Ghost of Tsushima: Dear Sony, Please Give Us the Japanese Voice Track

Sucker Punch's Ghost of Tsushima is extremely intriguing, but not providing western gamers with the Japanese voice track would be a missed opportunity.

on November 26, 2017 5:48 PM

Sucker Punch has been keeping its upcoming project Ghost of Tsushima under wraps for a long time. Personally, I was entirely convinced that their next game would be a new inFAMOUS, or something still based on superpowers.

I was sitting in the audience at Sony’s pre-Paris Games Week press conference when the trailer of Ghost of Tsushima started rolling. I was even slightly distracted, focused on my laptop as I was taking care of my preparations to cover all the news.

Boy, that was a wake-up call. I’m definitely not exaggerating by telling you that I nearly flipped the laptop onto the floor; Ghost of Tsushima was the perfect storm between an established studio (whose work I love), and an exciting new IP in a setting that I adore.

The game is set on the island of Tsushima in the Korea Strait, right in the middle between the westernmost tip of Japan in Kyushu and the Korean peninsula. The backdrop is the first Mongol invasion of 1274, led by Genghis Khan’s grandson Kublai Khan and culminated with the Battle of Bun’ei where the term “Kamikaze” was born.

Ghost of Tsushima: Dear Sony, Please Give Us the Japanese Voice Track

It’s an extremely fascinating setting and, after thoroughly enjoying NiOh by Koei Tecmo, I’m very interested in seeing how a western studio with Sucker Punch’s pedigree will tackle feudal Japan. It has the potential to feel very fresh, considering that we’re talking about a rendition of three-hundred years older Japan. It’s a period that is  not often represented in media (and close to never in western media), in favor of the much more popular Sengoku Jidai.

But let me get straight to the point. Sony Interactive Entertainment Japan and Asia are most probably going to work on a Japanese voice track. That’s standard procedure for games of this magnitude, and the release of the first trailer voiced in Japanese is a clear indication.

Sony’s Japanese AAA-level voice tracks are very, very good. We normally don’t get to enjoy them because PlayStation’s triple-A games typically aren’t set in Japan, so it wouldn’t really make sense to include the local track for the west.

Ghost of Tsushima: Dear Sony, Please Give Us the Japanese Voice Track

That being said, Ghost of Tsushima is different. The game is set in Japan, and the inclusion of the Japanese voice track would mean going the extra mile to help immersion. Of course, this isn’t to say that the Japanese voice track is a better option than the English one. Normally Sony does a great job with English voice acting as well, but having the option to pick and choose between the two would be fantastic.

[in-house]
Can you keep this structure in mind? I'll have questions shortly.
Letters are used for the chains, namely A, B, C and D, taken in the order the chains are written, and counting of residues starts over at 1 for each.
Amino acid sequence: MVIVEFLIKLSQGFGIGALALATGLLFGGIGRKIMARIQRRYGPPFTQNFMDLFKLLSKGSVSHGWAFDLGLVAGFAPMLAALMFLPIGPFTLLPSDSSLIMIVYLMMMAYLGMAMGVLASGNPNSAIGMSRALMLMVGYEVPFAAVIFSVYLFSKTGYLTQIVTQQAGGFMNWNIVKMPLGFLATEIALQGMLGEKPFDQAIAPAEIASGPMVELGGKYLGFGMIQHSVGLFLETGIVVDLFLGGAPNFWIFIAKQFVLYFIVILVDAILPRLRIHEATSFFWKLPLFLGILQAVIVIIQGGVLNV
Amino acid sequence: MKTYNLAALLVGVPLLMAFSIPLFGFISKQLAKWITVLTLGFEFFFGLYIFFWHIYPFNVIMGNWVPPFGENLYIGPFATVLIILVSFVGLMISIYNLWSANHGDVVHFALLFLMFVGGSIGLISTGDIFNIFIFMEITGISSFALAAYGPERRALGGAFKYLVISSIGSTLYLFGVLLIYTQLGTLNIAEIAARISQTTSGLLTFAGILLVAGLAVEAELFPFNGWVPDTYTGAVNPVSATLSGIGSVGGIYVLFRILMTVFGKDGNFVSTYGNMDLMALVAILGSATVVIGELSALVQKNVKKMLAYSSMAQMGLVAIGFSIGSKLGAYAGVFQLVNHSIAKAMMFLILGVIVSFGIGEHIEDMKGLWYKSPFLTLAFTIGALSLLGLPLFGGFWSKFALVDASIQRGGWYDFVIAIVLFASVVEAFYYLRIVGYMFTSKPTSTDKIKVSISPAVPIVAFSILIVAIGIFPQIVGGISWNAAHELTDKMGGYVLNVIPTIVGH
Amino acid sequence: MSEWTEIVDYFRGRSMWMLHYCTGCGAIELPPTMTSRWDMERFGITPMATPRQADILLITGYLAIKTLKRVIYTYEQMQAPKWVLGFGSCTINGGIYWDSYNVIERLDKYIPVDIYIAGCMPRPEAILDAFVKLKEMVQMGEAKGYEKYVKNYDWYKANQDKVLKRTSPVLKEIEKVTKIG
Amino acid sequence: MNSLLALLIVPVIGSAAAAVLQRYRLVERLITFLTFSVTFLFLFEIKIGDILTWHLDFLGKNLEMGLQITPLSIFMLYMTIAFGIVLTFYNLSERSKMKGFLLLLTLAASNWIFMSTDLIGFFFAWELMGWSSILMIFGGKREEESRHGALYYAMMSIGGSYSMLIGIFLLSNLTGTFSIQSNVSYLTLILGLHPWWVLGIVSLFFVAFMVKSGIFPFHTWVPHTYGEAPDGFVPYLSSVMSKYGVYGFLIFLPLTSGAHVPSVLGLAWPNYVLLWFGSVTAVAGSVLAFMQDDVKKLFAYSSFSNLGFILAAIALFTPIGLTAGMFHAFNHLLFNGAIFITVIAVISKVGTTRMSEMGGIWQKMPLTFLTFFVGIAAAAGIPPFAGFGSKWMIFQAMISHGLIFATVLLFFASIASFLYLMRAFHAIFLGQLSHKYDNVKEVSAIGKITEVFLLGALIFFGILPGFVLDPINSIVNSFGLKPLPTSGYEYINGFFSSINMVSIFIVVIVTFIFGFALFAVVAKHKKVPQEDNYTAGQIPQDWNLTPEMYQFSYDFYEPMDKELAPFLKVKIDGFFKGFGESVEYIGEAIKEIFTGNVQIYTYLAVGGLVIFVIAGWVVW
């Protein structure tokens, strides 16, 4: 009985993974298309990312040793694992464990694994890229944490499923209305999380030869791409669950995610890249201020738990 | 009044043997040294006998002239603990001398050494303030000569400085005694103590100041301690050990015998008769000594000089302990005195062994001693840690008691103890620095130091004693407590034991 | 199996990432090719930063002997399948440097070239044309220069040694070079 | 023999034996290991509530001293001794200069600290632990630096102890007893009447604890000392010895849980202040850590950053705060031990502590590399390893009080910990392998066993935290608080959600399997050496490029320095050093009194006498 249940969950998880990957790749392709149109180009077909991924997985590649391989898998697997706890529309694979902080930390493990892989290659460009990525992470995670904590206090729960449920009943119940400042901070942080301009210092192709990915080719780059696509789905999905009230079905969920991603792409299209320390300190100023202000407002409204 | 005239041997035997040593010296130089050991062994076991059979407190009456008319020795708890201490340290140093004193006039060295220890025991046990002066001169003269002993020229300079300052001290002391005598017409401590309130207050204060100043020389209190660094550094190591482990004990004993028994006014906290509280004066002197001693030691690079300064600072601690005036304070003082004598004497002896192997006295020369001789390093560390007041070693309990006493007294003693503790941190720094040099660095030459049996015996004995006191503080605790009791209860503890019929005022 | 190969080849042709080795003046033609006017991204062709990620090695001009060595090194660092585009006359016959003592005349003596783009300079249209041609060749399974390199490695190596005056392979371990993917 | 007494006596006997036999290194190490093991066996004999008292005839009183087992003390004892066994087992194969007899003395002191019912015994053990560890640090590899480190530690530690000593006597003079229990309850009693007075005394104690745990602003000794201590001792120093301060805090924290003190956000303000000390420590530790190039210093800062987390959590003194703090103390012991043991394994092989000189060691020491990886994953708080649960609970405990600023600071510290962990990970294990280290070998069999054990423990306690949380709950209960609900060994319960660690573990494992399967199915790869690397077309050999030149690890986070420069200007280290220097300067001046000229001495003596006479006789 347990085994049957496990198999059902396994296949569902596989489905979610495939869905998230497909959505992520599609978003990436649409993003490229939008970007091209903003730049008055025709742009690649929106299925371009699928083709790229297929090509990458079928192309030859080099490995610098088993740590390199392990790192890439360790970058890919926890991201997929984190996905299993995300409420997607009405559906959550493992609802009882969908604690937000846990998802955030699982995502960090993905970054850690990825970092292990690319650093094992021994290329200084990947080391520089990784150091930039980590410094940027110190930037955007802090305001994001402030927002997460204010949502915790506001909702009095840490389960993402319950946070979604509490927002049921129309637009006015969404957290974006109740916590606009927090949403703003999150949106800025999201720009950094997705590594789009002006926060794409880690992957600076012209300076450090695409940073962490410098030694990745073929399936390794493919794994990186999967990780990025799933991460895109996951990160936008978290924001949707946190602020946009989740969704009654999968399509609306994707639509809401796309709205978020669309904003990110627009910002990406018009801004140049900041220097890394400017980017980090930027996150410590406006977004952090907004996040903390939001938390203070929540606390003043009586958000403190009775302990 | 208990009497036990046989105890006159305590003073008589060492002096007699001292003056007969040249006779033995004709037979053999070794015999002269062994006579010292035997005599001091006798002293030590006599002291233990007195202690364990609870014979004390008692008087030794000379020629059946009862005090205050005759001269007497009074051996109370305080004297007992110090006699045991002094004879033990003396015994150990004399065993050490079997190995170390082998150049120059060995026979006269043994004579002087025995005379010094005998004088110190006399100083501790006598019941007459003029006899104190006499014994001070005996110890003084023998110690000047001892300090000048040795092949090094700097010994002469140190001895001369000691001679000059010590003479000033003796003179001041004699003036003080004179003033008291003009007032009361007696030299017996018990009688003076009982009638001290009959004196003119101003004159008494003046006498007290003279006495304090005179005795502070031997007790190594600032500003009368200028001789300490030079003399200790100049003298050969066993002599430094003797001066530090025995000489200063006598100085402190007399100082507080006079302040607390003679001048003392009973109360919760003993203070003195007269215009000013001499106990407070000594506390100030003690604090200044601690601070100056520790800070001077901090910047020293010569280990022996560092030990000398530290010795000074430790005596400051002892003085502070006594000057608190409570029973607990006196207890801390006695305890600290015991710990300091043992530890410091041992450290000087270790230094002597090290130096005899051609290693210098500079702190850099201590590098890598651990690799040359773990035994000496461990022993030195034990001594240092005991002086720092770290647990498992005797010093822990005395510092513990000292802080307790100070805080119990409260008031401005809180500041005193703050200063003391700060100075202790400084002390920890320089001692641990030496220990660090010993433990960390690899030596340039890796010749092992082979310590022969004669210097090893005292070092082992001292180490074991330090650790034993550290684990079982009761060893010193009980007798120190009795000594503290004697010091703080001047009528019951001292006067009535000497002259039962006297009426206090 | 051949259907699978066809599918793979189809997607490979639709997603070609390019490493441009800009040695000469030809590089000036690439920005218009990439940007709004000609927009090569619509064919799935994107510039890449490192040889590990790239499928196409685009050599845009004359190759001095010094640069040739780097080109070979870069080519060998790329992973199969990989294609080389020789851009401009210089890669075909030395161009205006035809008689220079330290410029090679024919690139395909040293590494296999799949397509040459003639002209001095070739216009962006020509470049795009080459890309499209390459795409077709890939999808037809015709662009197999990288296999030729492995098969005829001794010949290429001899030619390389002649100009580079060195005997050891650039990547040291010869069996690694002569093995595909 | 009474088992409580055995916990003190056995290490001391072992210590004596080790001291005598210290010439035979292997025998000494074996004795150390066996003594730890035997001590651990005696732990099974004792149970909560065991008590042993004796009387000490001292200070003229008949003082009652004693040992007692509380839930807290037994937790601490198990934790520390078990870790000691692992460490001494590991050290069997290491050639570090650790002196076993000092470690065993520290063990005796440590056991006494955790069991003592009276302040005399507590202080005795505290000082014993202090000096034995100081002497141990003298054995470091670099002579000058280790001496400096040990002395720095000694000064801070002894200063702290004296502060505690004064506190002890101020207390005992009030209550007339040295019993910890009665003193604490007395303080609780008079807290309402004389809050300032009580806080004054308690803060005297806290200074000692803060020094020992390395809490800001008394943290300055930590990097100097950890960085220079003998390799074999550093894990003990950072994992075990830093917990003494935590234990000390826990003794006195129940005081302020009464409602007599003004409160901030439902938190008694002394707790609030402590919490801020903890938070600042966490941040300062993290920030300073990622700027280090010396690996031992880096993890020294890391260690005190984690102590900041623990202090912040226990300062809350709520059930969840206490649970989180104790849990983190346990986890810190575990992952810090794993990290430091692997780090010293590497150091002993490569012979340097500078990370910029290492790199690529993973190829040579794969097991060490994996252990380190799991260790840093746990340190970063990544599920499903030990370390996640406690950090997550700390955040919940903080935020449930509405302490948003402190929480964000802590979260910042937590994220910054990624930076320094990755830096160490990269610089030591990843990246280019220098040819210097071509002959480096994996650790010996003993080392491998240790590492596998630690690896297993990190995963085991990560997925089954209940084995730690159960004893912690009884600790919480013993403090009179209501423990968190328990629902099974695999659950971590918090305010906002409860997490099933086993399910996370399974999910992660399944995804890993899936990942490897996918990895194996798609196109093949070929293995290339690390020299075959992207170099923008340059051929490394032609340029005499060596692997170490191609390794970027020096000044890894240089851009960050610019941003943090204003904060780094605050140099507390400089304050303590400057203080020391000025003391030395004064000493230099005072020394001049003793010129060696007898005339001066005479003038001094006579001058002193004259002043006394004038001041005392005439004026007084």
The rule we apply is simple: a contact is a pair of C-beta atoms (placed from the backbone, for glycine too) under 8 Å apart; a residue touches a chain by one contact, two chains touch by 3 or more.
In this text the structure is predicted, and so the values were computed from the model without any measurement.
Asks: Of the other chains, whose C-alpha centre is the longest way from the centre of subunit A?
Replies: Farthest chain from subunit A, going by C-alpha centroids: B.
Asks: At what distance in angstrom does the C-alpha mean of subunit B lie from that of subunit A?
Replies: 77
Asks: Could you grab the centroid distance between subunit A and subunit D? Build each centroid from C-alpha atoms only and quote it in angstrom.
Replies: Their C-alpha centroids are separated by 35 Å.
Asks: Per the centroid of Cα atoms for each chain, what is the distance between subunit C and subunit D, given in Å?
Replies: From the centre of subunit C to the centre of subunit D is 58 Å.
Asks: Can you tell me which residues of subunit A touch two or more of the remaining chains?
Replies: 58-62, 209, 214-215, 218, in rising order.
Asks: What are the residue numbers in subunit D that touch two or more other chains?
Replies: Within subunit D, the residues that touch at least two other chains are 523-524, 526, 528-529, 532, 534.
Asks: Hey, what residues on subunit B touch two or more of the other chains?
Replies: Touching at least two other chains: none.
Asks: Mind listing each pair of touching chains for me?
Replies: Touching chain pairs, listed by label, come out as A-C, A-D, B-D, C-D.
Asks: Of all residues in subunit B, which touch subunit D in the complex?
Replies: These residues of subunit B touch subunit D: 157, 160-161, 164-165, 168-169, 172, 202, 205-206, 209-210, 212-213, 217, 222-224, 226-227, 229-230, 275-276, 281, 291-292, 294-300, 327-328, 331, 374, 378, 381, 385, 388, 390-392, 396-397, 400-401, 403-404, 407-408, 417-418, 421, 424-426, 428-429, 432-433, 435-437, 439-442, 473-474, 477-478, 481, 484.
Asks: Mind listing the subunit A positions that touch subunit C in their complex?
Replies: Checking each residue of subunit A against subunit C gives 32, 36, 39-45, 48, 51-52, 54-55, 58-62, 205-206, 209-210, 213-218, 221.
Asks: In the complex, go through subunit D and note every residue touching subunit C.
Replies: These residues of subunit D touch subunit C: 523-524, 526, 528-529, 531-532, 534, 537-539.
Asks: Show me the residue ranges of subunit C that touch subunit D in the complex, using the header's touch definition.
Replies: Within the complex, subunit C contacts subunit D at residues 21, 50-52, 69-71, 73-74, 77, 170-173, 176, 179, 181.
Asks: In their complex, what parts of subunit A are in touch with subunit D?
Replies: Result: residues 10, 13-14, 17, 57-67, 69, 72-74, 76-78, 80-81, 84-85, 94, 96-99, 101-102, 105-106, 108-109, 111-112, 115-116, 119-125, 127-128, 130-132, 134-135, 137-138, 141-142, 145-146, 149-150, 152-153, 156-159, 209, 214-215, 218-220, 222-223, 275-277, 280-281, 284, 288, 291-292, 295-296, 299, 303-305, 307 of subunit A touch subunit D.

It wouldn’t be an additional cost, because the track is going to be recorded anyway for the Japanese market, and it would enrich the experience for those of us who would like to fully immerse themselves in the atmosphere of ancient Japan.

Of course, there might be disk space restrictions, as Ghost of Tsushima is probably going to be a very big game. Sucker Punch is known for its massive open worlds, and the real Tsushima is an enormous island, measuring 274 square miles.  That being said, it would probably be quite easy to provide the Japanese voice track as a separate DLC for those who want it.

To give you a small glimpse of what I mean, below you can watch the first trailer of the game for the Japanese market, with the Japanese track. I don’t know about you, but that’s how I’d like to experience the game.

Ghost of Tsushima currently does not have a release date, and will launch excclusively for PS4. Sony already announced that we’ll hear more about it at PlayStation Experience.

 /  Executive News Editor
Hailing from sunny (not as much as people think) Italy and long standing gamer since the age of Mattel Intellivision and Sinclair ZX Spectrum. Definitely a multi-platform gamer, he still holds the old dear PC nearest to his heart, while not disregarding any console on the market. RPGs (of any nationality) and MMORPGs are his daily bread, but he enjoys almost every other genre, prominently racing simulators, action and sandbox games. He is also one of the few surviving fans of the flight simulator genre on Earth.